Humpty Doo, NT
No one really knows how Humpty Doo earned its name, but we can all agree that it’s a keeper.
About 40 kilometres south-east of Darwin, the small town is a popular stop-off for tourists.
Travellers on the way to the Kakadu National Park will spot Humpty Doo’s mascot, The Big Boxing Croc.
At 13 metres tall, the fibreglass beast wears a pair of red boxing gloves. The town’s also been immortalised in several bush ballads, including Slim Dusty’s Humpty Doo Waltz and Ted Egan’s The Man from Humpty Doo.
Bum Bum Creek, QLD
Drive to Crows Nest along the New England Highway and you might just see a sign saying ‘Bum Bum Creek’.
But chances are you won’t, because according to locals, ‘it keeps getting nicked’.
No one knows why Bum Bum Creek’s been dumped with its less-than-flattering name, but there’s no doubt it’s the butt of many jokes.
Pretty Sally Hill, VIC
‘Pretty’ Sally Smith had her admirers, but it seems they weren’t enamoured by her good looks.
Weighing in at 140 kilos, the ‘very stout and ugly old woman’ ran an unlicensed pub in the 1840s at the foot of a 529-metre tall dormant volcano in the Great Dividing Range. And it seems that Pretty Sally was a fan of a tipple, too.
Sadly, she died when she crashed her horse and cart after indulging in a few too many bevvies.
‘My word, sir,’ a witness supposedly said, ‘Had you seen that overgrown huge mountain of flesh fall from the dray, and roll over and over, you never would have forgotten it. The earth fairly shook from violent concussion.’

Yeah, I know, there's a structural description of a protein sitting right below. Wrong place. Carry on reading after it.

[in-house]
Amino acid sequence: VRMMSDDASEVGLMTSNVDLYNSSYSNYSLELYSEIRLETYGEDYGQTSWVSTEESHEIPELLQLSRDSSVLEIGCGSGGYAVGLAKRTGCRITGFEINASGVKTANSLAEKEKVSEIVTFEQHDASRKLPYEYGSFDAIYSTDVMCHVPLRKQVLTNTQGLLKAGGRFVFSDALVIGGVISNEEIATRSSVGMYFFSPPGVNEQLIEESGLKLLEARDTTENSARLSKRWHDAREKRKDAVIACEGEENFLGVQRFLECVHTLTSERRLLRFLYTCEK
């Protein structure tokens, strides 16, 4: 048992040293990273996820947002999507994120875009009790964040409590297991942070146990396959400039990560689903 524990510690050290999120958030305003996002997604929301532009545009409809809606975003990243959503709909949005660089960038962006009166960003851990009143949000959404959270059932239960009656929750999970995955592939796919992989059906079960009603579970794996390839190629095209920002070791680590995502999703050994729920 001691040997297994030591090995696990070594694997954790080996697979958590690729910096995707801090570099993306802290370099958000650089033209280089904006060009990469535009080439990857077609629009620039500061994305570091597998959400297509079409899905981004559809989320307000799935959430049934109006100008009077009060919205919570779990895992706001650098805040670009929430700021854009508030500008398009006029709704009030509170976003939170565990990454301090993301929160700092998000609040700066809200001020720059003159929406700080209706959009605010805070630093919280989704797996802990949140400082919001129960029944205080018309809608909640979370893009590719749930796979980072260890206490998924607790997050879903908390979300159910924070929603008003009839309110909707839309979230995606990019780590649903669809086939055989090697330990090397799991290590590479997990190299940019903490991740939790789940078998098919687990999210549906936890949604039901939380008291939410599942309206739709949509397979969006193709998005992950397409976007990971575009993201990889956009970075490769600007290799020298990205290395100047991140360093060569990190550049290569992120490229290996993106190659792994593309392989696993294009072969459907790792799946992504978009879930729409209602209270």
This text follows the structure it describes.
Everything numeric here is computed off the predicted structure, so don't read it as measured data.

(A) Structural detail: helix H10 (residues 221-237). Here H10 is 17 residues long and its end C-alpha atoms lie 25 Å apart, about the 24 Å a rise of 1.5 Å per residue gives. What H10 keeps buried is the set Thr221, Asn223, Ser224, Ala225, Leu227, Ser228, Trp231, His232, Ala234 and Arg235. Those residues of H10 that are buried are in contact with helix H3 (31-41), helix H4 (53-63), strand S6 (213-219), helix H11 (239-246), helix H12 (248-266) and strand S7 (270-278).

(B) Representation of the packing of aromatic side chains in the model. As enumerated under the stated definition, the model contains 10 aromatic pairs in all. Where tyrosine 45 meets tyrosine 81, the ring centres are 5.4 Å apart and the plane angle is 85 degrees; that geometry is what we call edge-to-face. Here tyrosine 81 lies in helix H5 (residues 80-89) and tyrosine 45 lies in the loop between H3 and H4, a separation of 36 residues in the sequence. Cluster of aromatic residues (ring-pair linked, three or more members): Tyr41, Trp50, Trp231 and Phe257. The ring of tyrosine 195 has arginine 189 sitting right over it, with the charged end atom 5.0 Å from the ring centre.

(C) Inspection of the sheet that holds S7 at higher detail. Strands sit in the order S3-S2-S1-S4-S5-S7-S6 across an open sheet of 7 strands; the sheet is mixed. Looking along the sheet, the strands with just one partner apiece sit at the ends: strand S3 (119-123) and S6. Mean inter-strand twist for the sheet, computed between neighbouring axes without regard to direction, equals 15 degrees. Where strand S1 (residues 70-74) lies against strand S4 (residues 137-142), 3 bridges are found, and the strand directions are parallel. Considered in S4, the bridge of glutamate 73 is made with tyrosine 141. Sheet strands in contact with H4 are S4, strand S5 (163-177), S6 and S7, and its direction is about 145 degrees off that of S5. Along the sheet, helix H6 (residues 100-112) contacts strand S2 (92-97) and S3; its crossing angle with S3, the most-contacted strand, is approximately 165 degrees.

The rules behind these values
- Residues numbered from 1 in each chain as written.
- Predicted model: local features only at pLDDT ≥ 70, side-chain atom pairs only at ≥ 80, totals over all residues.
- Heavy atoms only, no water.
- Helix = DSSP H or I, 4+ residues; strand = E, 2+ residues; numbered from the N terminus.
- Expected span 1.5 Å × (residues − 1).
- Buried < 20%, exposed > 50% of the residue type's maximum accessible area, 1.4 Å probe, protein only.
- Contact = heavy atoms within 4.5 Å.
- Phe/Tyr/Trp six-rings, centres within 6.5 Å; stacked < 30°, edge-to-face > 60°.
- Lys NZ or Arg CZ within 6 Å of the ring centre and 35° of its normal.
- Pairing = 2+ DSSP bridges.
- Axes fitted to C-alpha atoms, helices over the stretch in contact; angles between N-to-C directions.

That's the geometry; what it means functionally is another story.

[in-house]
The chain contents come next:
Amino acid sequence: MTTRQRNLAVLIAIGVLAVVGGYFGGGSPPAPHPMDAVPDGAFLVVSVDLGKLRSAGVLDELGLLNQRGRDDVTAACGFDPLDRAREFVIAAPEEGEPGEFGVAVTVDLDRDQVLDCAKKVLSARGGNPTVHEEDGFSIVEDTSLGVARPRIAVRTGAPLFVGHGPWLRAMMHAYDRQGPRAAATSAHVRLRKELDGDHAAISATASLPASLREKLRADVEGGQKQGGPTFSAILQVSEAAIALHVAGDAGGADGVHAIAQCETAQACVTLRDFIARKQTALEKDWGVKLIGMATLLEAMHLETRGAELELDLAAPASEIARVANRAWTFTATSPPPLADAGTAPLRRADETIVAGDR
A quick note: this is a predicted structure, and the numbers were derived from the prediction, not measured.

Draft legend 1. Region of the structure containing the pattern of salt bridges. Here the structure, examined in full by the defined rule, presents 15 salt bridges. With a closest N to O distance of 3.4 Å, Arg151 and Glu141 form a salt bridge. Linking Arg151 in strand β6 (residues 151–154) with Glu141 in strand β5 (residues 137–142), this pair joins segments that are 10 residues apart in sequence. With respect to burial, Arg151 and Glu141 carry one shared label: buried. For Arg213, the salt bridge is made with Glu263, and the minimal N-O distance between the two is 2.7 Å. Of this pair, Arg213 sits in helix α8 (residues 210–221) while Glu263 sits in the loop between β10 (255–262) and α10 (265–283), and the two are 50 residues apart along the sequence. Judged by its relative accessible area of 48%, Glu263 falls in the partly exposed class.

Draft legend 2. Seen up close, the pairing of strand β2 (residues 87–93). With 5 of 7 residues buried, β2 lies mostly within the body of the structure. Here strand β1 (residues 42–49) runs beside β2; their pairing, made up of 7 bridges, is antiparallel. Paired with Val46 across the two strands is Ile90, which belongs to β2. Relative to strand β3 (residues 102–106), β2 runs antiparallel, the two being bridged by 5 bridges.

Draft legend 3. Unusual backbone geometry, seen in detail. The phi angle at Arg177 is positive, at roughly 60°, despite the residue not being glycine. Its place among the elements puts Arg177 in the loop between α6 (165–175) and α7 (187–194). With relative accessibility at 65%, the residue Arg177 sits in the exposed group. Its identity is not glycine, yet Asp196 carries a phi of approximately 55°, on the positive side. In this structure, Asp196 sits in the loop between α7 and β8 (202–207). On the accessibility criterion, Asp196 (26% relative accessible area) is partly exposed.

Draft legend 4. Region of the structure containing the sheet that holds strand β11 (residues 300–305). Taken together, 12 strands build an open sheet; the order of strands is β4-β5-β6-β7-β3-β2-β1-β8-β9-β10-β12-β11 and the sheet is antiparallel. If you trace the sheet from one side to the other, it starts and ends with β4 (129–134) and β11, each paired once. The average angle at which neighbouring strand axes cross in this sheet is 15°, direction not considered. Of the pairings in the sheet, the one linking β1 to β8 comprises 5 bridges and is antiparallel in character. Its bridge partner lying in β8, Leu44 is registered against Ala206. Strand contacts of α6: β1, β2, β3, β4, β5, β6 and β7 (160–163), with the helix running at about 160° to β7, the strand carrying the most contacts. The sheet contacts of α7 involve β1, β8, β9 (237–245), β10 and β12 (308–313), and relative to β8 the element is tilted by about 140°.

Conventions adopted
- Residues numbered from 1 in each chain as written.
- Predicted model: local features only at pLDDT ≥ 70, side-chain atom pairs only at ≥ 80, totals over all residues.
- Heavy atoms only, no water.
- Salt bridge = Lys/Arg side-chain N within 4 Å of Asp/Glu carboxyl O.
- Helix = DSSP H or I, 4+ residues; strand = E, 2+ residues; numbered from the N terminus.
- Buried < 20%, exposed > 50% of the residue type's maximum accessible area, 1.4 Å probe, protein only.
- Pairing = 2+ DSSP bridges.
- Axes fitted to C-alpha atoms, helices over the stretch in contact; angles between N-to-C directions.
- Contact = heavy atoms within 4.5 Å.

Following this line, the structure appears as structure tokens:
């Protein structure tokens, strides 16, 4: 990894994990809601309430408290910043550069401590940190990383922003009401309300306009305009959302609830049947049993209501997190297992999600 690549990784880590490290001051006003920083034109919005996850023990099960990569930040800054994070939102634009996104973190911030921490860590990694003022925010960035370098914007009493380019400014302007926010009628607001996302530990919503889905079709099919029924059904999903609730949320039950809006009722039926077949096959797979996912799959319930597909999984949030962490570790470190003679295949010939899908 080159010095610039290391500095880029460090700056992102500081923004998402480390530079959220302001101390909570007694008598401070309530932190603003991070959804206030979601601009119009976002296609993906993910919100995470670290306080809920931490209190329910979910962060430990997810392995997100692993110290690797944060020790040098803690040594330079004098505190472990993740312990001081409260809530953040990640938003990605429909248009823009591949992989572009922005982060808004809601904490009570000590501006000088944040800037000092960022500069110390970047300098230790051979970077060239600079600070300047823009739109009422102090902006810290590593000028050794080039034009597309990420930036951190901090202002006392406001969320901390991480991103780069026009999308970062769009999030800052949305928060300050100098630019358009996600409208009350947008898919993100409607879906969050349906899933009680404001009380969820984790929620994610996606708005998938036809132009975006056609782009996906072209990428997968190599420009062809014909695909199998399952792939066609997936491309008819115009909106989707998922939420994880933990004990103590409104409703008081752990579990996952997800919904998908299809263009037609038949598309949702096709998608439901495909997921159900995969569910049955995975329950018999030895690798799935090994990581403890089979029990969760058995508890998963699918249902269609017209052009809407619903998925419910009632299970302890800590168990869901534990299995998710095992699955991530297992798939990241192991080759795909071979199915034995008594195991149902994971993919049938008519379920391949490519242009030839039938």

Bogan Gate, NSW
You’ve got Buckley’s chance of getting into Bogan Gate without donning some seriously ocker get-up. For mullet-toting, singlet-shorts-and-thongs-wearing Aussies, this is the place to be. Or does the gate keep the bogans out?
Just pulling your leg!
The inhabitants of this charming town in NSW’s central west aren’t yobbos. The name actually comes from a local Aboriginal word, meaning ‘the birthplace of a notable headman of the local tribe’. So the next time you get called a bogan, think of it as a compliment!
Mamungkukumpurangkuntjunya Hill, SA
With 26 letters in total, Australia’s longest place name matches the alphabet in length! The mouthful of a moniker means ‘where the devil urinates’ in the regional Pitjantjatjara language.
Mount Meharry, WA
Strewth! As far as requests go, it’s fairly direct.
But Western Australia’s highest mountain isn’t named after an irresistibly handsome bloke named Harry who drove the ladies wild with lust.
In less saucier fashion, the 1259m peak got its name from the state’s chief geodetic surveyor, William Meharry, back in the ’50s. And it seems like mining magnate Gina Rinehart’s not so keen on the name. She’s applied twice to have the landmark renamed Mount Hancock, after her dad.
Eggs and Bacon Bay, Tas
Lady Jane Franklin – the wife of the 18th century Tasmanian governor, Sir John – loved to eat her eggs and bacon with a view of the water. So much so that the gorgeous bay was named after her favourite brekkie. Once known as South Deep Bay, animal activist group PETA campaigned for yet another name change of the bay last year.
‘Considering the high levels of cholesterol and saturated fat in both eggs and bacon, the area might as well be called Heart Attack Bay,’ campaign coordinator Claire Fryer told the ABC.
To celebrate the region’s crops, the group suggested Apple and Cherry Bay instead. No yolk – it’s an egg-cellent name – but we prefer the original.